Wednesday, February 22, 2012
"...If There's Such A Thing As A 12 String Harp, I'm Sure He's Already Mastered It..."
But they should.
Billy Strange passed today.
Unless you're a pop music aficianado and/or over the age of fifty, you very likely don't know who he was.
And even if you are a pop music aficianado and/or over the age of fifty, you likely don't know who he was.
The old expression "here's someone who needs no introduction" is especially poignant and fitting at the moment because Billy managed, as he did with so many other things, to be the exception to the rule.
His resume' is so, literally, staggering that he really does need no introduction.
And yet, his modesty and sincerity negated any chance that he would ever become a household name.
This article doesn't begin to do him justice, but it's a good place to start.
Hearing the news today was one of those "sad and shocked but not surprised" life moments. Billy had been in poor health for a while and was 81 years old, so, obviously, our grief is offset somewhat by the knowledge that he is at peace and pain free.
Still, in a world that has evolved into doling out celebrity and accolade like flyers in a parking lot, the passing of a genuine class act like Billy Strange is a loss that defies measure.
Whitney Houston's death last week triggered an avalanche of tribute and homage unparalleled since Michael Jackson's death three years ago. And while its apples and oranges to compare celebrity passings, the irony isn't lost on me that in 1958 when Michael Jackson was born, Billy was already an established and respected studio guitarist, playing on sessions with Ricky Nelson and Tennessee Ernie Ford, among many others, had already made several acclaimed albums of his own while also appearing regularly on the popular Ernie Ford TV series of the 50's....and by 1963, when Whitney Houston was born, Billy had become a sought after studio player, producer and arranger working with superstar acts from, among so many others, The Beach Boys to Glen Campbell to Nat King Cole to Nancy Sinatra to a fellow whose name even today's youngsters know....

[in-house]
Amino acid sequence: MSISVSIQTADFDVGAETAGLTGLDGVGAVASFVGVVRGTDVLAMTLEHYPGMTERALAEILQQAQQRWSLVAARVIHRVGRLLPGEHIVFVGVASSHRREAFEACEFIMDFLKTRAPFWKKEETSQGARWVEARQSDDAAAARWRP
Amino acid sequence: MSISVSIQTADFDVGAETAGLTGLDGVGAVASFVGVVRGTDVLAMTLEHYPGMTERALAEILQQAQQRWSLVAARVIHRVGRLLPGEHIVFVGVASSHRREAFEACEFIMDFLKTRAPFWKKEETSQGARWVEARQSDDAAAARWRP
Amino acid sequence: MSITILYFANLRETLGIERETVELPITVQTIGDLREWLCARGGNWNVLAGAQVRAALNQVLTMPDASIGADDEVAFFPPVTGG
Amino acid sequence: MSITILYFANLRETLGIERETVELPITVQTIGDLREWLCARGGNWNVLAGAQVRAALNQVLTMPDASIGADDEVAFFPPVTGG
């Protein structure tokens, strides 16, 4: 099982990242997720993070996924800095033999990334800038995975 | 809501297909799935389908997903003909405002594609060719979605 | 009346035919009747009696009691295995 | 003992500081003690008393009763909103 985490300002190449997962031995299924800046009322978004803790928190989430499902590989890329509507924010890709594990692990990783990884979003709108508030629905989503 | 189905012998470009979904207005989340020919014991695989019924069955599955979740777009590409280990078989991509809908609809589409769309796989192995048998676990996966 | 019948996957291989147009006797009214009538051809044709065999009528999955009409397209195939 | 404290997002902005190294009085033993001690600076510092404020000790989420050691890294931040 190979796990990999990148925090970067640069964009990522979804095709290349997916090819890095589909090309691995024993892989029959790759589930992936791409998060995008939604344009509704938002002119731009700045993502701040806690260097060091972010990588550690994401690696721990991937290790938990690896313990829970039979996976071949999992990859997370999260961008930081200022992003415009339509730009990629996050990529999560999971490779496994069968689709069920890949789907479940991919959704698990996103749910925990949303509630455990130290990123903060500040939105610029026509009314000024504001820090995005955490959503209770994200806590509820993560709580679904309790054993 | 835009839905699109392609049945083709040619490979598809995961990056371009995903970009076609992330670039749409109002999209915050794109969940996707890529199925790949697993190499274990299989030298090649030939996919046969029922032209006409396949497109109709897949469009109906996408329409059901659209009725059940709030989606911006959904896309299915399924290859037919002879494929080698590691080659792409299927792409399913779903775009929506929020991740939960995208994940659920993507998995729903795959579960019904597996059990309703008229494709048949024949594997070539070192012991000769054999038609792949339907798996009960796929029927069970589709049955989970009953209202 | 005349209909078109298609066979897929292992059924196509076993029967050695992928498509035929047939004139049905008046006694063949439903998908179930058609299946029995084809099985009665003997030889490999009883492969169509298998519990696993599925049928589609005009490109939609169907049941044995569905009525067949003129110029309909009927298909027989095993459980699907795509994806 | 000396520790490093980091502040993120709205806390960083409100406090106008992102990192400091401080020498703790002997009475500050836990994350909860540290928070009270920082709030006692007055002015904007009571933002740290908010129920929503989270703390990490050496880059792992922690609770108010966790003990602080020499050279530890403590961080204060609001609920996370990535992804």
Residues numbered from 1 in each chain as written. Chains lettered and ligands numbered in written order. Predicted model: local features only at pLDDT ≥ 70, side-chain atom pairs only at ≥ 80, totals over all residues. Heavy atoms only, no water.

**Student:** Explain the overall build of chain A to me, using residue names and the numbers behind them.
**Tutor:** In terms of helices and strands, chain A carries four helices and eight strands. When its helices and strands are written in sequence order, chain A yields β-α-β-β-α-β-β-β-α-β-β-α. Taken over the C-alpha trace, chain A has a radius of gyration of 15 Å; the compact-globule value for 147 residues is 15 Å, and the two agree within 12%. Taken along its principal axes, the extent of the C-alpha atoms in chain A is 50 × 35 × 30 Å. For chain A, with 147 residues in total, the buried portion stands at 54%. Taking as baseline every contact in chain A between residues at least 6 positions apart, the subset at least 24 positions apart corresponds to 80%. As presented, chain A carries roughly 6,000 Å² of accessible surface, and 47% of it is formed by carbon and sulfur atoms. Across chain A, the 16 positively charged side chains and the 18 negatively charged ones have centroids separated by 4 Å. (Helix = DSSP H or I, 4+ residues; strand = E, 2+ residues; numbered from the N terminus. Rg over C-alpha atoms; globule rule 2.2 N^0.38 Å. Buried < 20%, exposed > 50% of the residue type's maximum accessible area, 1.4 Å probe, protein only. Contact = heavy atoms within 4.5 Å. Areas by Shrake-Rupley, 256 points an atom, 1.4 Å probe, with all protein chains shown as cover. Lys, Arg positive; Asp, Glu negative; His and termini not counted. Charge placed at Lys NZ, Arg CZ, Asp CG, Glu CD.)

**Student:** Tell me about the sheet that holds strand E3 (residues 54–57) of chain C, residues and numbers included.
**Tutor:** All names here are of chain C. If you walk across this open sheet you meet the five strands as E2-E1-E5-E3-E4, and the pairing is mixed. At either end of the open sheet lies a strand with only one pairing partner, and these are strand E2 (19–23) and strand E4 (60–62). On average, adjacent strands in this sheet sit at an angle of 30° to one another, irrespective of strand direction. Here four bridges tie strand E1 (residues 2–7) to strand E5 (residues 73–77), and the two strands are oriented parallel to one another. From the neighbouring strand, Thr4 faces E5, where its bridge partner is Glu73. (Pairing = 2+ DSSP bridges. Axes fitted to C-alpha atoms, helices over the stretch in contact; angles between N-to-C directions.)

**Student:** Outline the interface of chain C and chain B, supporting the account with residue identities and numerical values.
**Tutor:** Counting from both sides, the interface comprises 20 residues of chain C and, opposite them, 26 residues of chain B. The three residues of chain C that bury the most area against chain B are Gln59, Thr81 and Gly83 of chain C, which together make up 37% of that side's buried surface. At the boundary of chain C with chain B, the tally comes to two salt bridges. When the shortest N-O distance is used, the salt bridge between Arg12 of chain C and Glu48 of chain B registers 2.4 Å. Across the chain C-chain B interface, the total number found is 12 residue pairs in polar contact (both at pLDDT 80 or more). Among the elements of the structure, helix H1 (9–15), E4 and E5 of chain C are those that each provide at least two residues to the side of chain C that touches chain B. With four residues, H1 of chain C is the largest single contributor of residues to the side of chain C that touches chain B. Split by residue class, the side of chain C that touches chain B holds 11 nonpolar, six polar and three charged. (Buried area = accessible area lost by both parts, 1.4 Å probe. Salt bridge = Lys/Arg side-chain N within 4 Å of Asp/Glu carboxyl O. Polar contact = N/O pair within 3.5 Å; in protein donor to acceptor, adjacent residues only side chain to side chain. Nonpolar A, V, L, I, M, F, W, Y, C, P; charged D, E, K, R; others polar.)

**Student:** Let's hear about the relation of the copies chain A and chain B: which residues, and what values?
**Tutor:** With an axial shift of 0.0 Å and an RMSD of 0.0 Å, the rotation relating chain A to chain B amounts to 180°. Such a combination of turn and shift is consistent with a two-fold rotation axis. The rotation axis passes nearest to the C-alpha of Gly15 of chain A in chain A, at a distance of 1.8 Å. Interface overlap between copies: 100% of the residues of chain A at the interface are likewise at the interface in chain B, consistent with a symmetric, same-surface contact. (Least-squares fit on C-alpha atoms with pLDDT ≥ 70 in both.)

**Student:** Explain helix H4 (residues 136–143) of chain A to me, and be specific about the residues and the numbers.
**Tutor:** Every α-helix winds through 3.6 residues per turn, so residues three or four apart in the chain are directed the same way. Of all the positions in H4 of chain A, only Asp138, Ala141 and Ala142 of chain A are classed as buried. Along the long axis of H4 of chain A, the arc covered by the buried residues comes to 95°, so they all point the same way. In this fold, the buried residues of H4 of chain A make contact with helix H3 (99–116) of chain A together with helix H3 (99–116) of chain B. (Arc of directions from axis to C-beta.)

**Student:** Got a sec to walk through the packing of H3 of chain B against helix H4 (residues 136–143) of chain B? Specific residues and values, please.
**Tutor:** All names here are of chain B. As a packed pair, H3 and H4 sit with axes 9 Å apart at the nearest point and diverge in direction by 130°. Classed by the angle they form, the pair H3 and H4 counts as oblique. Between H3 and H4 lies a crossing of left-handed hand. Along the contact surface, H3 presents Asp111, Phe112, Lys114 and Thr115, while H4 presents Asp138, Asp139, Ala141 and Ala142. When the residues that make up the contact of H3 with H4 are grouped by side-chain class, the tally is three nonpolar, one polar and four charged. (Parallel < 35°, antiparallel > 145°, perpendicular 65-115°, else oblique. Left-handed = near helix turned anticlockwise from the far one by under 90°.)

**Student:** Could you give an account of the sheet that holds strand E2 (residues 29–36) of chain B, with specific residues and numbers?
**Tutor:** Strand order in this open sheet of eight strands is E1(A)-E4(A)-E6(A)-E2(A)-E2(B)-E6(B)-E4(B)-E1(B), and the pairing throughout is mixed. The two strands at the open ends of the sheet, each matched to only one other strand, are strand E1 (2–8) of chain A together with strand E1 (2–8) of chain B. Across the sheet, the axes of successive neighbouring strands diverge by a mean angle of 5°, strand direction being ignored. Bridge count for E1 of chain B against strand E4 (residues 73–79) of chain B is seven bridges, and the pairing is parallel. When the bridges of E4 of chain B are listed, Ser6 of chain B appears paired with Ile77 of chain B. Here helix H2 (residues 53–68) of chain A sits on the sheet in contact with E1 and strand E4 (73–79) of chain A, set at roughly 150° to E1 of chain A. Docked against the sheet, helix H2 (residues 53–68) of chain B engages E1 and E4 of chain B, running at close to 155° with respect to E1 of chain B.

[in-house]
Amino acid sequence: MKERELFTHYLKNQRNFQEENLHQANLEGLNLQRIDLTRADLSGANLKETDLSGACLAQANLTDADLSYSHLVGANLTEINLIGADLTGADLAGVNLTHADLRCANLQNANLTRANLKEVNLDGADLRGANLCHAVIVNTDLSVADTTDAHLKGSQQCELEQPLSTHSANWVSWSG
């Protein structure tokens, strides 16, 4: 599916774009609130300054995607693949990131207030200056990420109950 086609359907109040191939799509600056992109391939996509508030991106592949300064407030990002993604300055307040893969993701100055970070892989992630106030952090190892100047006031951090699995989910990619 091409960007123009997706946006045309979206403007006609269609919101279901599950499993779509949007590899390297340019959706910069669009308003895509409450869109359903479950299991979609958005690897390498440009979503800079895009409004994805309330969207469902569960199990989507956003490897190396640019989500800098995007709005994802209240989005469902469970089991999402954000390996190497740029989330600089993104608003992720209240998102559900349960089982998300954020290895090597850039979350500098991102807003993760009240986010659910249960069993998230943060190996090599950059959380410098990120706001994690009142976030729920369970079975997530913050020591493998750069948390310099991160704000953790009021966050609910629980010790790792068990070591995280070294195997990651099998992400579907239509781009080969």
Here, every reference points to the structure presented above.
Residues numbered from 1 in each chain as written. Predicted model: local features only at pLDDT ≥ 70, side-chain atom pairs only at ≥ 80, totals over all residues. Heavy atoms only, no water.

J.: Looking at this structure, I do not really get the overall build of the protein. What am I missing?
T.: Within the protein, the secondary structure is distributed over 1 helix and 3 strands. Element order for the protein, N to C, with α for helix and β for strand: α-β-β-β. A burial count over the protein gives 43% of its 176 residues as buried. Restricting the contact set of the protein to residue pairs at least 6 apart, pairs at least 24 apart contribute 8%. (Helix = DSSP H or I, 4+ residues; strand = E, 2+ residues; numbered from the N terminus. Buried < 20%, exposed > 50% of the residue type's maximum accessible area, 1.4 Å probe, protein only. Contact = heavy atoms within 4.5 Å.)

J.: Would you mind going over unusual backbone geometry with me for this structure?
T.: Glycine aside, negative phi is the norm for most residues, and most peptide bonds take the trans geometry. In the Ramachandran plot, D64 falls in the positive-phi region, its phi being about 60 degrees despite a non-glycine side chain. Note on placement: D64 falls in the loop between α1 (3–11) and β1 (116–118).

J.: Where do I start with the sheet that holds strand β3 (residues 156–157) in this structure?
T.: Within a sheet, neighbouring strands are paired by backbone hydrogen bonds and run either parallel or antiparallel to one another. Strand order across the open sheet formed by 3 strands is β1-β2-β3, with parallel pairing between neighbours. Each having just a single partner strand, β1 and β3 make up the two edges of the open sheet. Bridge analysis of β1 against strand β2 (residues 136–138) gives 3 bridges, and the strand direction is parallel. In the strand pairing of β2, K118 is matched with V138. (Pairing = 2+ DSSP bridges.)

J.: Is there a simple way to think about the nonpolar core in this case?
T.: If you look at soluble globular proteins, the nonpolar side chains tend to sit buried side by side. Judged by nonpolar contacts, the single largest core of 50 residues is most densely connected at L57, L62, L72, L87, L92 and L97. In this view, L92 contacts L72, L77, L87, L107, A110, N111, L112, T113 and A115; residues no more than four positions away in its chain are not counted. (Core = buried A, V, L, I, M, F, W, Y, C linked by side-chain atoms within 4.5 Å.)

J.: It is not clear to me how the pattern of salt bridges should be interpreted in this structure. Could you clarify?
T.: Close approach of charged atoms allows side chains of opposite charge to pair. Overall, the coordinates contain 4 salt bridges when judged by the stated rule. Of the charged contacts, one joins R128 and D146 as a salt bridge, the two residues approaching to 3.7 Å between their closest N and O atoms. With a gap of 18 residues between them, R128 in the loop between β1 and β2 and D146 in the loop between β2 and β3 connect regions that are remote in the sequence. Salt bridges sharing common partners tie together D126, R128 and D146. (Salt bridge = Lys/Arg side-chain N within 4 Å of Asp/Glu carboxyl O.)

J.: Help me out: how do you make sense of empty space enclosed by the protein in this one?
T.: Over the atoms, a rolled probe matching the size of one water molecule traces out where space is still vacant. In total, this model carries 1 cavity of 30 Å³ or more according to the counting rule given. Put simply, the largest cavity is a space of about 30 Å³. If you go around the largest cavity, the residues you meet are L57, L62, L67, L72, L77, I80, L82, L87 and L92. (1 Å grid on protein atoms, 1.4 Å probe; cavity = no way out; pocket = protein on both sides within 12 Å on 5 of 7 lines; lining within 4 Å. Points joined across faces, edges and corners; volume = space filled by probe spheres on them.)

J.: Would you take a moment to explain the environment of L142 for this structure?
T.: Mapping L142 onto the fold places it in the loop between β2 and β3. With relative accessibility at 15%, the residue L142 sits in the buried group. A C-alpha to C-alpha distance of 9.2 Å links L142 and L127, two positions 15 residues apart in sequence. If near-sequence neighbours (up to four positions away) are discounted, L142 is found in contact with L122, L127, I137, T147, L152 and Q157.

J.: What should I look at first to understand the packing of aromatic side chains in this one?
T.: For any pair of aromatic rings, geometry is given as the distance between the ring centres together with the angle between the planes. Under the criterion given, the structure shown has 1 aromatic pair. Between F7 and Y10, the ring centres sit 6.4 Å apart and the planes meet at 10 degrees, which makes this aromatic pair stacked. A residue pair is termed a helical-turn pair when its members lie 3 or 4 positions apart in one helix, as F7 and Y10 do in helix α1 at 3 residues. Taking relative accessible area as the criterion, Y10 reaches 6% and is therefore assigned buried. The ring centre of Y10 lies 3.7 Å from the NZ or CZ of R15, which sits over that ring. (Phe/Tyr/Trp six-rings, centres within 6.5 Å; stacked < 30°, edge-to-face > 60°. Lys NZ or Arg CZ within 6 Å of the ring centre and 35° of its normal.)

For sixty years, Billy was a behind the scenes essential to an amazing list of popular music history.
And he was singularly the nicest, most loving man I have ever known.
But his passing won't be considered breaking news.
I posted today, on Billy's website (billystrangemusic.com) that "there are no words...." and, for several many paragraphs now, I have rambled on in an attempt to find some.
Billy would have liked my desire to keep it short and sweet.
He wasn't much for accolades.
He just let his talent, his spirit and his heart do the talking.
That heart has been stilled by time.
The talent, though, is going to be available for generations to come.
And the spirit...
That spirit will be around for sixty times sixty years.
That may not be what CNN considers breaking news.
But it should be.